By Samr El Arby
In this Blog I would like to highlight the importance of something no engineer could live without these days. It doesn’t matter if you are a mechanical engineer, an electrical engineer or a biomedical engineer. Without this technology we wouldn’t have improved as much as we have the last years. I am talking about Rapid Prototyping. First of all, 3D printing is a comparatively a new invention, because the first time rapid prototyping became available was in the late 1980s.
Before I explain why I think that rapid prototyping is the future I’d like to explain how it actually works. This technology is an additive process, which means that this process builds an object by joining particles or layers of raw material. If you have already created an object or a prototype on SolidWorks or another CAD Software, you can hold it for a few minutes in your hands, because rapid prototyping doesn’t need as much time as other techniques do. Some 3D printers work with high quality lasers and others work only with a print-head; in both cases your prototype would be finished in a very short time compared to other techniques. The only thing which varies is the level of quality and, in this case, I would recommend the laser-prototyping because it’s precise and it can also work with metals.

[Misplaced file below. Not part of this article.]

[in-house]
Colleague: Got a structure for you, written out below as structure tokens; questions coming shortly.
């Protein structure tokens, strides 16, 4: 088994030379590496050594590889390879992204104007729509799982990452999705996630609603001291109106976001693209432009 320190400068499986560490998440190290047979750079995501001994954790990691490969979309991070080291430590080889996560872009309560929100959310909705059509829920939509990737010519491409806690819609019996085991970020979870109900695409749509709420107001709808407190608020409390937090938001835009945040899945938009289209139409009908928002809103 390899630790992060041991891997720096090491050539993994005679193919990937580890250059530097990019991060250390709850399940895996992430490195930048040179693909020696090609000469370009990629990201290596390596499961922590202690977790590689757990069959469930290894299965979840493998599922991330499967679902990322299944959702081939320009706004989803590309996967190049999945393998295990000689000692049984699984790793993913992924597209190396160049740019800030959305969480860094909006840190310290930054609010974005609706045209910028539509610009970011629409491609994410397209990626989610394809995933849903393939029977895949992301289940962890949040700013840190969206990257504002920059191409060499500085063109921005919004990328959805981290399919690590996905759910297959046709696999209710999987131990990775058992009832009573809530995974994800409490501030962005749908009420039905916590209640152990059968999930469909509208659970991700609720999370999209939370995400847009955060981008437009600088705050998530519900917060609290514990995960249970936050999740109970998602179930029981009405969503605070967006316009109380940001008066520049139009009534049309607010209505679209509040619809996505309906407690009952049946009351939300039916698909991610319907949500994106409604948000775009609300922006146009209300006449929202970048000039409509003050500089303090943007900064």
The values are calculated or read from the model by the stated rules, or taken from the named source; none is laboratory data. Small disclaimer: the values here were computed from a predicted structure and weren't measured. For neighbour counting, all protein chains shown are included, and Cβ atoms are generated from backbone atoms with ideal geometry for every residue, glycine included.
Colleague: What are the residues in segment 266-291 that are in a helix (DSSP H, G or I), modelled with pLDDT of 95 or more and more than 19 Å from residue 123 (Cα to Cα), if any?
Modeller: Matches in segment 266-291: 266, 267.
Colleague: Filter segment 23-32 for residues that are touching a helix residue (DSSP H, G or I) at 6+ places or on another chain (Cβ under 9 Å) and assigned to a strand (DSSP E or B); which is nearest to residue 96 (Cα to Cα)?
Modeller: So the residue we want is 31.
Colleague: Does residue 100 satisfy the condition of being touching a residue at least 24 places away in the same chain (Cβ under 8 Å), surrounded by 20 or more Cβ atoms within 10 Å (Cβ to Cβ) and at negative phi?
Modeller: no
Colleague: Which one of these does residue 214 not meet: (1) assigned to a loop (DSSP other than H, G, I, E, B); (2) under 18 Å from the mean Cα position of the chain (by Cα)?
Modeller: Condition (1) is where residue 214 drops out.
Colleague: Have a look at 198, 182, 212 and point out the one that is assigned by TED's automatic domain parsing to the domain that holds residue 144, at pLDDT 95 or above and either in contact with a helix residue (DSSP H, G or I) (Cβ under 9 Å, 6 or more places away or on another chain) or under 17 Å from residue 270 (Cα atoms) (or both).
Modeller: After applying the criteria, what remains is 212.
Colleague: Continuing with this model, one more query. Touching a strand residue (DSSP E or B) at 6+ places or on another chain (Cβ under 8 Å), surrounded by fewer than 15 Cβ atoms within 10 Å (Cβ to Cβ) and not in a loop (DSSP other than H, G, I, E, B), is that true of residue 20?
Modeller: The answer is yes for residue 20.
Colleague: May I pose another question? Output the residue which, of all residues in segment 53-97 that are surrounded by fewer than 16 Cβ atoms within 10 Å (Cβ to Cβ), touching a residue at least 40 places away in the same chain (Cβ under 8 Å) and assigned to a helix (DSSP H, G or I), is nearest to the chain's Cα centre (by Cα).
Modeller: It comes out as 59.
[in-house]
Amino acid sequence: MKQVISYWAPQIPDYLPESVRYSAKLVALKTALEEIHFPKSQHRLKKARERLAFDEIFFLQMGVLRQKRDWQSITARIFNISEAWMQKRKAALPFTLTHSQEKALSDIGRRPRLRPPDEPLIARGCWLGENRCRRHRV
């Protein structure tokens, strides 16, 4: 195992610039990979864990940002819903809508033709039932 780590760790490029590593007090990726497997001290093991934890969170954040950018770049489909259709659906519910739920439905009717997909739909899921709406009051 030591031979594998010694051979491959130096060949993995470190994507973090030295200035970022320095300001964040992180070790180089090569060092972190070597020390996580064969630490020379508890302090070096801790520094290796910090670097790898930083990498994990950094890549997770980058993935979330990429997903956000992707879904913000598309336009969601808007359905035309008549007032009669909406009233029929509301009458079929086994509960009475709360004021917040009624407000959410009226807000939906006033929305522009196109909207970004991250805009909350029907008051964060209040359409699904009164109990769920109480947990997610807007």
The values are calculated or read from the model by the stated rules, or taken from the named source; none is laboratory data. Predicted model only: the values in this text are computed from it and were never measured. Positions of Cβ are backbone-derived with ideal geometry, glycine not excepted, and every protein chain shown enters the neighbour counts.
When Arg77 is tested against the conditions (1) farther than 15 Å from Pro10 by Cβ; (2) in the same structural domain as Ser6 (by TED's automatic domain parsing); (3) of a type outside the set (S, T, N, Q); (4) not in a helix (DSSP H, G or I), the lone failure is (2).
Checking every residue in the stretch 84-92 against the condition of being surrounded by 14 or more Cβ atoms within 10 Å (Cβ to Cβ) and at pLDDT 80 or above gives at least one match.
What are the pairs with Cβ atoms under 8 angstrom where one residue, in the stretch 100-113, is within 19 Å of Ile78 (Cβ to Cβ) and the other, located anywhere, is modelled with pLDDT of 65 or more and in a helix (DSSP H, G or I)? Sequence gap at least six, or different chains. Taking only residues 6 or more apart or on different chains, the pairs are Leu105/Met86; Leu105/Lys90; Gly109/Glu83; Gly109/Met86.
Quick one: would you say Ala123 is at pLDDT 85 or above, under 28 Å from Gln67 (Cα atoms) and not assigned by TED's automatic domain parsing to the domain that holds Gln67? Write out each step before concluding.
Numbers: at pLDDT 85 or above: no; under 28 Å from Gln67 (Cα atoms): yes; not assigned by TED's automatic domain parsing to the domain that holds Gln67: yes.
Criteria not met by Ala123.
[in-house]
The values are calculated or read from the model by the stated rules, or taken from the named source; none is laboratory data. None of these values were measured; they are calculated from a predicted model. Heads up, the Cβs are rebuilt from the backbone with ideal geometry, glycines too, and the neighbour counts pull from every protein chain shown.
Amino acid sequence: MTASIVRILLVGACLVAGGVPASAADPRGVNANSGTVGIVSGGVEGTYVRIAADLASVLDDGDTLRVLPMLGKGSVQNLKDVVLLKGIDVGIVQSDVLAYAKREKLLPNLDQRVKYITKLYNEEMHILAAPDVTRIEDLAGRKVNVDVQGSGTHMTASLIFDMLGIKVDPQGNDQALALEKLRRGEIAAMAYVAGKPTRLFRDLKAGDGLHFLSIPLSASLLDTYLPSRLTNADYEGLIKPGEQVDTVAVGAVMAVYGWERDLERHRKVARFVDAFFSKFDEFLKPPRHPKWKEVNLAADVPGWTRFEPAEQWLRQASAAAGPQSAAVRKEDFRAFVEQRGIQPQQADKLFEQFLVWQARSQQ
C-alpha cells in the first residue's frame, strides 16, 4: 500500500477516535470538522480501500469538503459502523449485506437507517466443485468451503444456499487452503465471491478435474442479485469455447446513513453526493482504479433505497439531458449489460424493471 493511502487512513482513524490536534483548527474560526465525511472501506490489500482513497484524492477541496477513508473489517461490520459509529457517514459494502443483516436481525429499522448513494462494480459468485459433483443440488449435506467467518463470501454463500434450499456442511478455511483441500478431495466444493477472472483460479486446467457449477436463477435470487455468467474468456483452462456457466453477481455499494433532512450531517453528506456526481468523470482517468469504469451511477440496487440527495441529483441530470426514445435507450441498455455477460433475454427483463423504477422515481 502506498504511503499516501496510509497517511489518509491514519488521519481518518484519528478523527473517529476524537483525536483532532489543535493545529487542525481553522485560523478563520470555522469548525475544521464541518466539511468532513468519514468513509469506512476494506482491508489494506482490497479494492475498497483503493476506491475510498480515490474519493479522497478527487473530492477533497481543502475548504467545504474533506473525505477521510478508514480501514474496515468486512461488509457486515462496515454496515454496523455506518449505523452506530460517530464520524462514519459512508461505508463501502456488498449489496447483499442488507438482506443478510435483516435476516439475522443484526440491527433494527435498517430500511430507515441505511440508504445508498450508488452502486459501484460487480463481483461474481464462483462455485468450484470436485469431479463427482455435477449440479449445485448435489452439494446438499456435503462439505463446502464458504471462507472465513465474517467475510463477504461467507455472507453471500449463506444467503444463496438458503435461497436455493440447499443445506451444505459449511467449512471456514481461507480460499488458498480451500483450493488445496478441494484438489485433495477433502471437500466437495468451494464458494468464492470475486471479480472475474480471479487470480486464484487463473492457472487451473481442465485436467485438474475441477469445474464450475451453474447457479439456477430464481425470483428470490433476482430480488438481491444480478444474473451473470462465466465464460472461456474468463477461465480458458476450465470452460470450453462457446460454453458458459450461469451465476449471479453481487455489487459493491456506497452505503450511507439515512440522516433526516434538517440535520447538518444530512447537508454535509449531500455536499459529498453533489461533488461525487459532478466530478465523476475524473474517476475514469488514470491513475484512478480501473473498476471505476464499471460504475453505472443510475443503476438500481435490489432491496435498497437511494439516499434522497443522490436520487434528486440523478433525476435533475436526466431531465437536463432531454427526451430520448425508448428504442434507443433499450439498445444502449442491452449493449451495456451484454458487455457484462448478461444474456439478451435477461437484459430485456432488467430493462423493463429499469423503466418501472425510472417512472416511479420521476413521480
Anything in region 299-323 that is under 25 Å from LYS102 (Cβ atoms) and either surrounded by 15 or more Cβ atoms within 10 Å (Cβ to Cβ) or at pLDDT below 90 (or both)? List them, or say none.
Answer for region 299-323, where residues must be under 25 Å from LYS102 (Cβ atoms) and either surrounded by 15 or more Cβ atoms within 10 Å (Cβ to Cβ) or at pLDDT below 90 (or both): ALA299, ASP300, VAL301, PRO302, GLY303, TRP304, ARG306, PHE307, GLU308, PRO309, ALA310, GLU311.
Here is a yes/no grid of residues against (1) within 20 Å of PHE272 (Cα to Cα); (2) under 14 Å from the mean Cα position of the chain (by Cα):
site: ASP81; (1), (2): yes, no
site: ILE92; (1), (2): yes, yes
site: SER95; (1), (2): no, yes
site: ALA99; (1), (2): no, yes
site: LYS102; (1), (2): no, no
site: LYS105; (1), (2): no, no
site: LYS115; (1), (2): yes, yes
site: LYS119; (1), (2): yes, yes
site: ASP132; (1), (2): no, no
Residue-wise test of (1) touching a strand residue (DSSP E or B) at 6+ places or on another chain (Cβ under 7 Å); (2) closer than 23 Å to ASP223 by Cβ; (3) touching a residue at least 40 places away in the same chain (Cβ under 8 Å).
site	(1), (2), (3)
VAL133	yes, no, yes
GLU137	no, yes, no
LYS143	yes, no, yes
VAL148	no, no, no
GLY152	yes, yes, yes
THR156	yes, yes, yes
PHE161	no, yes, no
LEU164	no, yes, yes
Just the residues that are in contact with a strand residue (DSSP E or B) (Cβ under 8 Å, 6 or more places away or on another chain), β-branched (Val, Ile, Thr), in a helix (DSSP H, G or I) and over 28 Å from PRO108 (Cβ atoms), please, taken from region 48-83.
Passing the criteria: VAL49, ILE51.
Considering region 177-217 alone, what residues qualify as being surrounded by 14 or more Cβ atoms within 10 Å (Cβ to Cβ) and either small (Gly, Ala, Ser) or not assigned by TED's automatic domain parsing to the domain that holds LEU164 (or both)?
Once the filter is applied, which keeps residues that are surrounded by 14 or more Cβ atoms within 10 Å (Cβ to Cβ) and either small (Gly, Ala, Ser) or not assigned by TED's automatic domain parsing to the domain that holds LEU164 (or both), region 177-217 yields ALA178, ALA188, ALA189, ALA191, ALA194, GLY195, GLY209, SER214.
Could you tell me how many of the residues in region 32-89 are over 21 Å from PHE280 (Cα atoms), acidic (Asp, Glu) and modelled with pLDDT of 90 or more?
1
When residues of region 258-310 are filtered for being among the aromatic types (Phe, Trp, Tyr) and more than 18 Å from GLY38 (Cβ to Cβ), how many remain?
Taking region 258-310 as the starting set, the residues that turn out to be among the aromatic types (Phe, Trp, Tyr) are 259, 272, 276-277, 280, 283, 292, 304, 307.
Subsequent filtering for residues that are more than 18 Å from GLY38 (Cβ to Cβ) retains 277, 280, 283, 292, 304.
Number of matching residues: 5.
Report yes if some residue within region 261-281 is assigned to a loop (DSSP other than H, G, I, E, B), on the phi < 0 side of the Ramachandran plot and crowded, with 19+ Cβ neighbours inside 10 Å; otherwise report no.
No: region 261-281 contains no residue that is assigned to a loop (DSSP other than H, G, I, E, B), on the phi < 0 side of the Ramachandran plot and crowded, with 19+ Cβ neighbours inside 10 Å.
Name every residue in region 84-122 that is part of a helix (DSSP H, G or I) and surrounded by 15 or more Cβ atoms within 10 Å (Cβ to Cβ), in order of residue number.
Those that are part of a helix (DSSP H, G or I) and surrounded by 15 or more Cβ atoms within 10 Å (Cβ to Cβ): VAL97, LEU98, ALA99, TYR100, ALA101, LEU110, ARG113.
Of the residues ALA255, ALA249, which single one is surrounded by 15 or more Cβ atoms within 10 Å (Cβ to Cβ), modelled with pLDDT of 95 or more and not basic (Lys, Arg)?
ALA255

As a mechanical engineer I know how hard the post processing could be and how much time it could take if the wrong process is chosen, but with rapid prototyping we are creating new designs in a shorter time with a higher quality and with less money. There is one particular thing which always fascinates me when it comes to 3D printing: when you start creating an ordinary ball, for example. With the technology of rapid prototyping, we are able to build another ball inside the bigger ball without even having to close the first ball with welding or gluing, because it is already built that way.
Another point which I find very interesting is that my own 3D printer could hypothetically build itself again and again. Just think how many opportunities this technology is giving us. And because of all those factors, I think that rapid prototyping is the future.
Samr El Arby
Student at Technikum Wien University